It wasn’t until I turned sixteen that this approach to vegetables began to shift. That summer, I dated a girl two years older than me. Her family always ate a salad with their dinner. While I never touched a salad at home, I thought it would look childish of me to not eat a salad when I had dinner with them. Much like drinking beer, the first couple of times I ate their salad it did not taste very good. But, I gradually learned what to expect and got used to the taste and texture of all those leaves in my mouth. Eventually, I even came to enjoy a good salad on occasion (though I still can’t stand that iceberg lettuce you get at low end restaurants and in cheap bags of salad. Why does anyone willingly eat that stuff?)

My relationship with other vegetables followed a similar trajectory. After getting started with salad, I took on some of the other plants – broccoli, carrots, spinach, green beans, etc. I quickly learned to eat them first, the flavor of fresh, hot vegetables being much more tolerable than lukewarm, soggy ones. I even found that a few raw carrots or slices of bell pepper could be enjoyable when I am feeling adventurous. They’ll never take the place of a piece of beef or slice of cheese, but veggies have now found a regular spot in most of my dinner selections.

I bring this up because I am actively trying to keep from passing my vegetable aversions on to my children. To this end, once Pip and Polly started eating solid foods, I made a concerted effort to ply them with as many vegetables as possible. My hope was that by flooding them with spinach, broccoli, sweet potatoes, squash, and the like, we could align their taste buds to favor a range of vegetables and avoid the kind of drama that I subjected my parents to.

This has not really come to pass with Pip. During the past year or so, he has been gradually dropping various vegetables from his list of acceptable foods. Avocados went first. Then zucchini. Then spinach. Then broccoli. Then carrots. We’ve been able to hold the fort with green beans, green peas, corn, and butternut squash, but I live in fear of the time when these too will drop away, leaving us completely dependent upon multi-vitamins to keep Pip functioning properly.

This past week, however, things took a turn for the better. For reasons that are not fully clear to me, Pip suddenly took an interest in trying some new (and previously dropped) foods. It could be that he is trying to keep up with Polly, who ravenously demands a piece of just about anything that shows up on our plates. It could be that he has recently seen adults besides his parents eating and enjoying these foods. It could be that he has just entered into an exploratory period, one of those developmental sweet spots when suddenly he is more willing then usual to try new and different things.

Whatever it is, this week Pip happily ate broccoli and carrots again, tried spanakopita and like it, and willingly put meat sauce on his pasta for the first time. Just like that four more foods - including three vegetables - were added to his ‘will eat’ column. I felt like celebrating.

As I heated up some more broccoli for Pip on Tuesday, three different things came to mind:

First, it’s nice to have our patience rewarded. Ava and I have worked hard to not make a big issue out of Pip’s diminishing vegetable preferences. We have tried to let him be, offering new possibilities when he shows some interest, but not pushing him or punishing him when he says he doesn’t like something. Our hope was that this would enable Pip to feel in control of his food choices and leave him more willingly to try new things on his own. It is gratifying that this strategy seems to be working.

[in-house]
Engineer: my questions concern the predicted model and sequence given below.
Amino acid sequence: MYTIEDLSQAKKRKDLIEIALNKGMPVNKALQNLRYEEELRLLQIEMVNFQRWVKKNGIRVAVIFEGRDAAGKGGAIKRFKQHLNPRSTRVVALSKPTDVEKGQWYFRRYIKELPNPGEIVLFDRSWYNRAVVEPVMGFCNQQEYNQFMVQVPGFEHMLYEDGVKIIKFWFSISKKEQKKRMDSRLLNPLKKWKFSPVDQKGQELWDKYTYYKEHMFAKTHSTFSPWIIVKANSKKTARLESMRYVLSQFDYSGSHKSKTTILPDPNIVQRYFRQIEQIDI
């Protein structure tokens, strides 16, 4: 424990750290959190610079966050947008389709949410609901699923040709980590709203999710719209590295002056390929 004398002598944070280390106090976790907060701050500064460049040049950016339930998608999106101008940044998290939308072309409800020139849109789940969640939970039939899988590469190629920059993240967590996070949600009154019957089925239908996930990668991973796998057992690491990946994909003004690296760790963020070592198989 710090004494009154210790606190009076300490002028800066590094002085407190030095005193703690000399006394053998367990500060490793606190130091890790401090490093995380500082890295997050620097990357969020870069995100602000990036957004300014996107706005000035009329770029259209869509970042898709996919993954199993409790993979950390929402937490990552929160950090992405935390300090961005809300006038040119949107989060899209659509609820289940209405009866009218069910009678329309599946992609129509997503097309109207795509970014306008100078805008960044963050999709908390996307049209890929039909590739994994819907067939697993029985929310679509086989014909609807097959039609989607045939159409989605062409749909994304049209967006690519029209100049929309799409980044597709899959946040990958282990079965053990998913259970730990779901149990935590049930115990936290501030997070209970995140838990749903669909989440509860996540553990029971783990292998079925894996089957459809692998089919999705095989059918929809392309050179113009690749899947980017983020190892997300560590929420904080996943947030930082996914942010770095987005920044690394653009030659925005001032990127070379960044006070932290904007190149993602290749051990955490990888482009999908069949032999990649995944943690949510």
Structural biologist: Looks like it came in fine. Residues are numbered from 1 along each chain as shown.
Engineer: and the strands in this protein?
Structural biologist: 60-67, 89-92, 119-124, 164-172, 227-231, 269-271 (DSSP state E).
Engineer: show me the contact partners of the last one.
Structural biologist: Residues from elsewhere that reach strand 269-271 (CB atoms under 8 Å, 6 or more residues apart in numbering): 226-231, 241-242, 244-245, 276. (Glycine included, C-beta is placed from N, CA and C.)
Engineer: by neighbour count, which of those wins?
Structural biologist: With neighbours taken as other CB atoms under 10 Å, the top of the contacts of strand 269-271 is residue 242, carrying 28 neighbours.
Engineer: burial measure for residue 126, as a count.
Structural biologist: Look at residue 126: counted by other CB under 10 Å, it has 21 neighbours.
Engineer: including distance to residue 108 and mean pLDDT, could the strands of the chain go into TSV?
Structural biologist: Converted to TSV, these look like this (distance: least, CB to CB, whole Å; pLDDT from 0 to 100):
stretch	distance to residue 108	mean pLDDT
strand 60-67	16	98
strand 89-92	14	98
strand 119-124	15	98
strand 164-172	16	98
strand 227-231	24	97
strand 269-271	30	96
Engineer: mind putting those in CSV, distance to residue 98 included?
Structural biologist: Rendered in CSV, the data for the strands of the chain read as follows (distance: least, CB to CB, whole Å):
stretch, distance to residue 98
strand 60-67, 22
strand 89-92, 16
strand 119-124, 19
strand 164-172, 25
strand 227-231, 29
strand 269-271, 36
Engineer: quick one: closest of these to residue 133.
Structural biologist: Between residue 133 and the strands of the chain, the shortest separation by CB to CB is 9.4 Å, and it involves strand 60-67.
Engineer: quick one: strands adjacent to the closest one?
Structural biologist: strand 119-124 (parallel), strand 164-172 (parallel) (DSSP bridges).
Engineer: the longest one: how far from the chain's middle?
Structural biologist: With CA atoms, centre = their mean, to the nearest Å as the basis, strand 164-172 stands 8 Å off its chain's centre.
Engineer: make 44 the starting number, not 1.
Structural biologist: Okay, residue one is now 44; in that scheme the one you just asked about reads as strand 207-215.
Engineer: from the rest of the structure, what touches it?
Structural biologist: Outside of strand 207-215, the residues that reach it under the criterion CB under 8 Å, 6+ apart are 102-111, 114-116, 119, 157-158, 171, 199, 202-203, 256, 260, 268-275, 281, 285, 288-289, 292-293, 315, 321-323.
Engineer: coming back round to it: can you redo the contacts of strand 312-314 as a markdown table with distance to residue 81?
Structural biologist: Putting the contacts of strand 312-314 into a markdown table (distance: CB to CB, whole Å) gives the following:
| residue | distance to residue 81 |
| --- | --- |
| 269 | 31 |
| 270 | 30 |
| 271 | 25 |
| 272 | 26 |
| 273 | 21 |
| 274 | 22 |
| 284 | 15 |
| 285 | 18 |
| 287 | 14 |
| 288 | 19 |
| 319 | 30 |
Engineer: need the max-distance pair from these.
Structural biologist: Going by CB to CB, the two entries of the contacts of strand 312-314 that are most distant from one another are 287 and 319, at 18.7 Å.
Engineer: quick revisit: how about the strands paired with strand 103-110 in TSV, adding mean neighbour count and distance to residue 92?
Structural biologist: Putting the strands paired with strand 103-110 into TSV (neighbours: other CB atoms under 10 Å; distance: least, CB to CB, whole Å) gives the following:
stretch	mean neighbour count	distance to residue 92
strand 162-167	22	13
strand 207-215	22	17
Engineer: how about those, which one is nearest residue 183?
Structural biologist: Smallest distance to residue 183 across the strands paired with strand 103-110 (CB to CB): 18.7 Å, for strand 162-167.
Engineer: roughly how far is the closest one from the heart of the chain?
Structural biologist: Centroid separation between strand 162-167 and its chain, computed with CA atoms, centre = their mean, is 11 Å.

Second, this success with Pip gives us more confidence to follow the same strategy with Polly. This confidence already is paying dividends as Polly is more willing to try things than Pip ever was at the same age. She will even demand food - like lasagna, for example – that we had never even thought to give her. So, even though she has dropped a couple of foods recently – most notably, avocados – we’re not that concerned.

Lastly, I’ve been thinking a lot about teaching and learning since posting a few thoughts about preschool a couple of weeks back. One of the comments I received on that posting included the conventional wisdom that you can’t teach your own kids as well as someone else can. I’ve been pondering this question and the theory I’ve come to is this: We teach our kids things all the time – from how to address people to how to eat with a spoon to how to use a toilet. Why would formal education be any different? I’ll grant that I can’t teach my children things the same way a school teacher would. But that has less to do with a stranger vs family dynamic and more to do with a class vs one-to-one dynamic. A school teacher can do drills or regimented lessons with a class because no one student has to be ‘on point’ the entire time. The responsibility for answering questions and producing work can get passed around. Parents and children do not have the same kind of buffers. So, a different approach is in order. As a parent, I have to be an opportunistic teacher, coming at subjects like reading, writing, geography, history, or math from an oblique angle, taking advantage of moments of curiosity in my children to introduce and tie together these things.

This is how Pip came to eat four new foods this week. Ava recognized that Pip was showing extra interest in what we had on our plates. She offered some of those new foods to Pip, and he decided to give them a try. If we had played the classroom teacher, bringing out these same foods and employing our authority to make him eat them, I suspect he would not be willingly consuming those foods again for a long time. Then we would be stuck waiting for someone else to convince him that vegetables are worth eating, just like me some seventeen years ago.